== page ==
Chocolate is toxic to dogs, cats, birds and other small animals. In susceptible animals, theobromine (found in chocolate) can cause internal bleeding, damage heart tissue and trigger epileptic seizures.
A 7 kg dog eating 500g of milk chocolate is equivalent to a 70kg person eating 5kg – one doesn’t think they’d be feeling too well afterwards either. Chocolate poisoning generally occurs in small dogs less than 10kg. Although certain breeds are more susceptible than others – such as Bulldogs, Pugs and Boxers which have short noses and compressed upper airways. But that doesn’t make it improbable that any larger dogs will be affected if their ‘sweet tooth’ finds a large enough stash of chocolate to consume. Xmas & Easter are prime times for poisonings to occur.
The methylxanthine poisons found in chocolate are primarily theobromine and caffeine. The toxicity levels depend on the type of chocolate. Different forms of processed chocolate have varying quantities of these poisons – the most dangerous being unsweetened cooking chocolate and cocoa powder. Next comes dark chocolate and semi-sweet chocolate, then sweetened milk chocolate. White chocolate having only negligible amounts.
Theobromine is a naturally occurring stimulant found in the cocoa bean, it increases urination and affects the central nervous system as well as heart muscle.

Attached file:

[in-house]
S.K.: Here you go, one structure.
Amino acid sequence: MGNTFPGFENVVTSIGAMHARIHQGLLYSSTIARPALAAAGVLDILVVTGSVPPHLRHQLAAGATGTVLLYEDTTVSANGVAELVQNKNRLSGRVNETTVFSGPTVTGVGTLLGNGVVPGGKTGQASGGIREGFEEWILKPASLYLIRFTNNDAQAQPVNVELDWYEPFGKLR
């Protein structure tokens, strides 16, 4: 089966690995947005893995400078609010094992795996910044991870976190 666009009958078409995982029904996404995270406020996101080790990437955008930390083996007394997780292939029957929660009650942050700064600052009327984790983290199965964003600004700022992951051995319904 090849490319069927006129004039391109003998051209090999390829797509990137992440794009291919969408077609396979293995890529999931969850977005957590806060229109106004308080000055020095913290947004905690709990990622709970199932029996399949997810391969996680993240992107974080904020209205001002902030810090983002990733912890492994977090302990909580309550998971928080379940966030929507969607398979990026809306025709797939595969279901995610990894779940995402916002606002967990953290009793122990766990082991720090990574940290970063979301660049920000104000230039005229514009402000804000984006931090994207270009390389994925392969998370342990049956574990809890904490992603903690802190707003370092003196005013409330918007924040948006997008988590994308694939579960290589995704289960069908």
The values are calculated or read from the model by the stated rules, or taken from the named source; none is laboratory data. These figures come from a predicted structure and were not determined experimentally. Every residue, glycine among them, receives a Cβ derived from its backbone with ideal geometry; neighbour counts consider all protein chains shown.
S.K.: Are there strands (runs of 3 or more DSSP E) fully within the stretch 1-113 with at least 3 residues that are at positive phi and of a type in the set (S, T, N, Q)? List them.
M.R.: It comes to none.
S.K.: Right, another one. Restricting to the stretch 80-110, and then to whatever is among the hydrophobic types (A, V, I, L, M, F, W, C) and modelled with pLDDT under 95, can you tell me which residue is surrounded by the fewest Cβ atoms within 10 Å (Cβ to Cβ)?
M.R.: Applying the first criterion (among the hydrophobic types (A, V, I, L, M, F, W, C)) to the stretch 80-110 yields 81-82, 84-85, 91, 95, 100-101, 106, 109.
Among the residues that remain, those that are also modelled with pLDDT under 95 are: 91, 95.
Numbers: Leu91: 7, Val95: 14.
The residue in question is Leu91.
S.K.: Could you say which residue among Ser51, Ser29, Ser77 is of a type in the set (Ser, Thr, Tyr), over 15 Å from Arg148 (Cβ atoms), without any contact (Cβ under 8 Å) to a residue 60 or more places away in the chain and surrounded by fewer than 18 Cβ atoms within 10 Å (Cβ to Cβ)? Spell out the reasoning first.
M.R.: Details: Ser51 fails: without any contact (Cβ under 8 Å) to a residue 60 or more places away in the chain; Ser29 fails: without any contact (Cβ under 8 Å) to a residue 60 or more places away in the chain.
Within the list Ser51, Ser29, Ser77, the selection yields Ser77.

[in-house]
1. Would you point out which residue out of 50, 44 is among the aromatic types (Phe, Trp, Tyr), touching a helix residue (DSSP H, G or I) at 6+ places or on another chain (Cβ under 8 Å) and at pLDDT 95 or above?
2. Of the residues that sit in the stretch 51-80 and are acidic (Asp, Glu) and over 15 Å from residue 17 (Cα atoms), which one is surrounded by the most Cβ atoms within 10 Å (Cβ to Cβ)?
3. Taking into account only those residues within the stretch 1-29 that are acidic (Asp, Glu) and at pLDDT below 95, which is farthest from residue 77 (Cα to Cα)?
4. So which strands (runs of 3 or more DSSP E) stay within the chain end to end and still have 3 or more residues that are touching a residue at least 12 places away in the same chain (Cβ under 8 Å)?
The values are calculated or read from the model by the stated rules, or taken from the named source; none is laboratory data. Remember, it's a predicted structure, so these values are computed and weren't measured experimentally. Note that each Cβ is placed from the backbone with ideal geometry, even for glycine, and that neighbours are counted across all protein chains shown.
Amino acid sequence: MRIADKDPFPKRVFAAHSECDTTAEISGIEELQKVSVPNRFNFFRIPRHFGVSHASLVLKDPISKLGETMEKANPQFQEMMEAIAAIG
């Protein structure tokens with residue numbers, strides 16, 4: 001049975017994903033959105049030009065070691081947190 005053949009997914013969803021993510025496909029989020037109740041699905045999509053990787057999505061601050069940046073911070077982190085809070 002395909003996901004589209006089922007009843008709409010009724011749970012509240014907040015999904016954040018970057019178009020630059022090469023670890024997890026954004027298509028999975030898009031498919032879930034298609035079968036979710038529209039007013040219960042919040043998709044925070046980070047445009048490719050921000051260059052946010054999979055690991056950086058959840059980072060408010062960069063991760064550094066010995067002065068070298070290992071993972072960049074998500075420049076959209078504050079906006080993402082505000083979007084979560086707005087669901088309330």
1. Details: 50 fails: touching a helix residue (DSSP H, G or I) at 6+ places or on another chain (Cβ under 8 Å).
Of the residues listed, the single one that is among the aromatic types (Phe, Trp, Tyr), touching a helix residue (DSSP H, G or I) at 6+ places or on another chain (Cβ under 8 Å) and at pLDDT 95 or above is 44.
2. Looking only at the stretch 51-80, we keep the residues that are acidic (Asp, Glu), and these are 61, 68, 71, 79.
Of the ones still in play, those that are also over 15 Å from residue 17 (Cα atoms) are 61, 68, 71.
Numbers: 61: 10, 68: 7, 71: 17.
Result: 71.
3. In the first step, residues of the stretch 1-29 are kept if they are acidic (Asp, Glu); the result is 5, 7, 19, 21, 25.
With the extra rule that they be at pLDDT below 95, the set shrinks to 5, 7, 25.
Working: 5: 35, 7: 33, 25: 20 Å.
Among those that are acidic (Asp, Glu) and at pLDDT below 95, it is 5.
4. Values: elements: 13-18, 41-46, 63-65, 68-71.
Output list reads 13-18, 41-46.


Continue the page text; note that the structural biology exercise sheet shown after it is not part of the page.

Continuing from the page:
By the time a veterinarian gets to see a dog suffering from chocolate poisoning the dog has usually had an acute bout of vomiting and diarrhea. Around 2-4 hours after eating the chocolate. The dog begins to show other caffeine-like symptoms such as nervousness, excitability, tremors, panting and seizures. Its heart rate and blood pressure increase, leading to urinary incontinence, coma and the possibility of death (approx 12-36 hours after eating the chocolate).
Most dogs poisoned by chocolate survive if treatment is instigated quickly. The aim is to remove the chocolate from the body as soon as possible, reducing its toxic effects, thus the risk of damage caused to the kidneys. Also note – because the poisons can pass across the placenta, there is some risk to puppies in any pregnant bitches that may be poisoned.
Dogs get a taste for chocolate – they find the flavour of theobromine addictive. Even if your dog can eat small amounts of chocolate without any ill effect, don’t give him a taste for it because he’ll then try to sniff out and eat chocolate at every opportunity.
• White chocolate – 1.1 mg of theobromine and caffeine per ounce of chocolate;
• Milk chocolate – 64 mg of theobromine and caffeine per ounce of chocolate;
• Dark sweet chocolate – 150 mg of theobromine and caffeine per ounce of chocolate;
• Instant cocoa powder – 151 mg of theobromine and caffeine per ounce of chocolate;
• Unsweetened baking chocolate – 440 mg of theobromine and caffeine per ounce of chocolate; and
• Dry coca powder – 808 mg of theobromine and caffeine per ounce of chocolate.
If your dog has a hankering for chocolate – find an alternative. ‘Dog Chocs’ often contain carob, a safe and healthy treat and keep your stash of chocies well out of pooches reach.
There is no antidote to chocolate poisoning. The solution – avoid it happening!
Dogs & Chocolate – just say no!